High Dividend Strategies Are Not The Same
Comprehensive studies have highlighted the advantages provided by holding stocks with high dividend yields over extended periods, often at least a few years. High dividend yields go hand in hand with low valuations, so this approach would seem to make a lot of sense. But there’s a lot more to the strategy than just buying the highest yielders and then waiting for the payoff.
A closer look is essential. One example is companies that don’t have sufficient profits to support their dividends. Sometimes that suggests the possibility of a dividend cut or elimination, which means the high dividend yield is about to be reduced or disappear. On a few occasions, when the earnings shortfall is not likely to persist, the dividend may be maintained.
Another concern is stocks that always have high yields and low valuations simply because the growth rates of the companies are modest or erratic. Whether it’s slow growth, erratic progress or uncertainty about where companies are headed, investors won’t pay up.
The element that gives the high dividend yield stocks the edge is the occasional surprise that company profits have been significantly better than expected. When that happens, their prices often jump. The flip side, for stocks with low dividend yields and high valuations, is the likelihood that investors will bail out when there are disappointments.
However one approaches the high dividend yield strategy, it’s important to remember that the longstanding advantages it provides depend on buying a widely spread group of these stocks. This can be done through a variety of strategies available through exchange-traded funds. The best-known of these funds are:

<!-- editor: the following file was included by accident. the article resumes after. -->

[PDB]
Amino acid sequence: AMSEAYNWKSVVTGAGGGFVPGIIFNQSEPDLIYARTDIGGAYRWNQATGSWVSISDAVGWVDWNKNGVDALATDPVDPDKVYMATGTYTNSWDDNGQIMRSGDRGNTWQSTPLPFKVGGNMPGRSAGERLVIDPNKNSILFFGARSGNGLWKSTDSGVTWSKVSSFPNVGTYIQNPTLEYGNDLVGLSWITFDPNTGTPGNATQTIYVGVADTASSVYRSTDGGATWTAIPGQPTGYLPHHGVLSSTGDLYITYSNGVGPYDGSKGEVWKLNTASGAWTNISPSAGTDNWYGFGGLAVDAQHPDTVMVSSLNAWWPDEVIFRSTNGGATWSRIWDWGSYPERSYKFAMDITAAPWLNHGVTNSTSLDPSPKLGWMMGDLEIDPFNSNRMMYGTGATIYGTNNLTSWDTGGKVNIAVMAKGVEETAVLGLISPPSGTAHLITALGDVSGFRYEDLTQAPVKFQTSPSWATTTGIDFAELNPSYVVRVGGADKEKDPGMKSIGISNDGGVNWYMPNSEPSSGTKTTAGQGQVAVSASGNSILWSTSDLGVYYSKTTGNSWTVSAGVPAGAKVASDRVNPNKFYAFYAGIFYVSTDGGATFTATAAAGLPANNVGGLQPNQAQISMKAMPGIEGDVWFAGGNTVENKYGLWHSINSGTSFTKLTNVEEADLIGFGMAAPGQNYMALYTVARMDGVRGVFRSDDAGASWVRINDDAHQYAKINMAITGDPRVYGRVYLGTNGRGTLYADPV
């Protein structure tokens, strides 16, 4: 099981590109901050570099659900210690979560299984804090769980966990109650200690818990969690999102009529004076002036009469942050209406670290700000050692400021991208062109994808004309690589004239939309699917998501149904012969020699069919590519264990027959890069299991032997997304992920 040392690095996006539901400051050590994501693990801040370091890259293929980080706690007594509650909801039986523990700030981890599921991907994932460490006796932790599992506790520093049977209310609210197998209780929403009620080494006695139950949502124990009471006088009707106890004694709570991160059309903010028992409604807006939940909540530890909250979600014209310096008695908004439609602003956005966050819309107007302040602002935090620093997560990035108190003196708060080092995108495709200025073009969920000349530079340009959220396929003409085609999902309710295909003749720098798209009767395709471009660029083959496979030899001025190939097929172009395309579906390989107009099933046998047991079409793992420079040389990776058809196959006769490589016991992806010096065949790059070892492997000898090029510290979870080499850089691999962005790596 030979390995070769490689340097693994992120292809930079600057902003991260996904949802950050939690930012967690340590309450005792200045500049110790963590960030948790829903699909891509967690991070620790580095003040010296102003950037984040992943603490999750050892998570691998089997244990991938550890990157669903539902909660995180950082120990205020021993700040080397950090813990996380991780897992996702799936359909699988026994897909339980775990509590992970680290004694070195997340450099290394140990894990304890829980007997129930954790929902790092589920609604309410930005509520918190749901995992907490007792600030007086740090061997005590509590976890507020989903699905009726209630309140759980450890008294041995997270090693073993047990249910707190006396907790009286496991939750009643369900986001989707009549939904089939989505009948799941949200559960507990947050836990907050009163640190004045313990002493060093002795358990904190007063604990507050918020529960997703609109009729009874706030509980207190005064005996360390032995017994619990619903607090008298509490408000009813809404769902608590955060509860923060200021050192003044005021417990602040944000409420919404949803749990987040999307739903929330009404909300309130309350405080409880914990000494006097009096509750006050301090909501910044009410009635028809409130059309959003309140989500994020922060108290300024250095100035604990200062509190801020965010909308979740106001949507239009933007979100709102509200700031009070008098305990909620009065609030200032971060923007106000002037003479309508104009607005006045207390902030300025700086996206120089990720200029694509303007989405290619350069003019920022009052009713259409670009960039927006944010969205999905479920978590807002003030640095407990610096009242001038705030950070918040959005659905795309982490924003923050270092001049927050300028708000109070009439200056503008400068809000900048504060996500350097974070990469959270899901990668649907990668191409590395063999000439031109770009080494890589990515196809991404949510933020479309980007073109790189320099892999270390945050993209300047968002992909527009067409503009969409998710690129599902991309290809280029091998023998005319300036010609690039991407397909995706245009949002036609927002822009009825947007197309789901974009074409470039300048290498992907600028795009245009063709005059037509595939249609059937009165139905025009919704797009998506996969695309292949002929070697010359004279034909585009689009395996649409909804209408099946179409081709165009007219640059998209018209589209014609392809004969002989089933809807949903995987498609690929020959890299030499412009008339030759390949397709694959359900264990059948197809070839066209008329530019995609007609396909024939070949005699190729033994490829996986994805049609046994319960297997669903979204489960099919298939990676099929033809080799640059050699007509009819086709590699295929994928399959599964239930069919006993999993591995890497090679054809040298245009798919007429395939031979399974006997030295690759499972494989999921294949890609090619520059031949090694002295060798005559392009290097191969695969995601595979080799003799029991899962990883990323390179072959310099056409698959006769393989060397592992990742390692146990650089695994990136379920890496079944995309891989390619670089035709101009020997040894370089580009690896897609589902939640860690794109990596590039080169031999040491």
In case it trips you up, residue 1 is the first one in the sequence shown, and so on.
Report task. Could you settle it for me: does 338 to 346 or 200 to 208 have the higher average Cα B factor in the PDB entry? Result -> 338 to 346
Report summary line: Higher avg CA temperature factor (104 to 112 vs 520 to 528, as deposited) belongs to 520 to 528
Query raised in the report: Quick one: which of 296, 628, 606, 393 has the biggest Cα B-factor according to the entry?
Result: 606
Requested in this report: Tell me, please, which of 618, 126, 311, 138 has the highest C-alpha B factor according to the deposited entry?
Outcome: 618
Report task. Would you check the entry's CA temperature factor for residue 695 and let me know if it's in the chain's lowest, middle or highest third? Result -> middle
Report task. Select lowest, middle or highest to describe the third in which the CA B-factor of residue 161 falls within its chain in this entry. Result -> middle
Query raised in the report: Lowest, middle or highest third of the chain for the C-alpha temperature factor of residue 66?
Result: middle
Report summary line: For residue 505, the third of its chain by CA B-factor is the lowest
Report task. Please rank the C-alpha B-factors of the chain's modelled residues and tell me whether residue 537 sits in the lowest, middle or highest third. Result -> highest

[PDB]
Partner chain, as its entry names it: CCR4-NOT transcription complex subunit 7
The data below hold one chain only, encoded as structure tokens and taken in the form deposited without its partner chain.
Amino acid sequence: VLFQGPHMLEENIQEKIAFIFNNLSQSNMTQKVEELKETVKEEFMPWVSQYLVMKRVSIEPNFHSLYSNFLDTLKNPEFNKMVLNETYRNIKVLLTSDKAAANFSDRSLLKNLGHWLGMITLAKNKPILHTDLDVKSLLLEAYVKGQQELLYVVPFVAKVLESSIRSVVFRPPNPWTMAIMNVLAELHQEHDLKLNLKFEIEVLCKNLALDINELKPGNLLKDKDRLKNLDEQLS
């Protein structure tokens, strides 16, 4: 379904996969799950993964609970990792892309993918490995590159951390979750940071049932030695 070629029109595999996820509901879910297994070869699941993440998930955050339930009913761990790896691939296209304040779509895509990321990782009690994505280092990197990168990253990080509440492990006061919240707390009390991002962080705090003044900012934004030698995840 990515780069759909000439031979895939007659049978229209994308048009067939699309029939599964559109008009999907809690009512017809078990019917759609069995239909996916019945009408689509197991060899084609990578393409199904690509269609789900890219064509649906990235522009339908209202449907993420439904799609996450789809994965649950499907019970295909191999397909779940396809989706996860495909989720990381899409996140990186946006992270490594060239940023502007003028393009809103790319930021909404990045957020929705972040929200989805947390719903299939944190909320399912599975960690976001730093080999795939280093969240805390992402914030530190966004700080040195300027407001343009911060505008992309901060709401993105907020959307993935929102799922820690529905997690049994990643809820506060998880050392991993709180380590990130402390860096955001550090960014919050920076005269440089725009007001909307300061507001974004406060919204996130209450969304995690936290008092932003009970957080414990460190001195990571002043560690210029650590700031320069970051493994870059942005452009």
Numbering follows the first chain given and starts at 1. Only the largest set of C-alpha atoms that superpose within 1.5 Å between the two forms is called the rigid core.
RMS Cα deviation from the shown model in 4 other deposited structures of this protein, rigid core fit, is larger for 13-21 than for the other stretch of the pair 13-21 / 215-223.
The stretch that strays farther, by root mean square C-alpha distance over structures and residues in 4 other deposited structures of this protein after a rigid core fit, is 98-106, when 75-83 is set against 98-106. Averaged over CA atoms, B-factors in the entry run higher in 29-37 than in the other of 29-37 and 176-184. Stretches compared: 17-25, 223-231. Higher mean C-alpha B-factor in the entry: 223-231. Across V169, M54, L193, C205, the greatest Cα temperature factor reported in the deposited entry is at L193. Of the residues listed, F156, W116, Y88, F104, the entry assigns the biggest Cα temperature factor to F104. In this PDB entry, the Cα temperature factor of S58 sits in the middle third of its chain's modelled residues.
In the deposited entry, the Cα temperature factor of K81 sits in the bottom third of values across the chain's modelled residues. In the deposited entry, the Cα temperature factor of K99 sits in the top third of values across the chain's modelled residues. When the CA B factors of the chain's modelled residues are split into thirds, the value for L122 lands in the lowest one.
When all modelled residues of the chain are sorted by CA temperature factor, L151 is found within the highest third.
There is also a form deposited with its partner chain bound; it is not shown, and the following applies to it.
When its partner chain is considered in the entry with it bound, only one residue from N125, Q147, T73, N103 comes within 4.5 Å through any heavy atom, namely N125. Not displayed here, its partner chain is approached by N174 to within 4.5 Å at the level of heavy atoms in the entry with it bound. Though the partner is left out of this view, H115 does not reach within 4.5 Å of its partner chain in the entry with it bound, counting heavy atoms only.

SPDR S&P Dividend ETF (SDY)
iShares Select Dividend ETF (DVY)
Amplify CWP Enhanced Dividend Income ETF (DIVO)
WisdomTree U.S. Quality Dividend Growth ETF (DGRW)
Vanguard Dividend Appreciation Index Fund ETF (VIG)
SDY invests in companies that have consistently increased dividends every year for at least 20 consecutive years. DVY is less specific, focusing on the highest-yielding stocks in the S&P Index.
DGRW differs slightly in that it includes high dividend paying U.S. common stocks with growth characteristics.
DIVO is quite different. It invests in dividend-paying U.S. stocks along with an options strategy to reduce volatility and boost returns.
Then there’s VIG, which is a hybrid version of the high dividend yield strategy. VIG includes a broad group of stocks in the Standard & Poor’s 500 Index that have a history of increasing dividends over time, the length of which is not specified. This ETF turns out to have a far larger number of dividend yielding stocks so it ends up somewhere between a high dividend yield ETF and a typical S&P 500 index fund.
What’s important to remember is that although the high dividend approach has had good results over long periods, its returns are anything but assured in every single year. Indeed, there have been multiyear spans when it came up far short.
N. Russell Wayne, CFP®
Sound Asset Management Inc.
Weston, CT 06883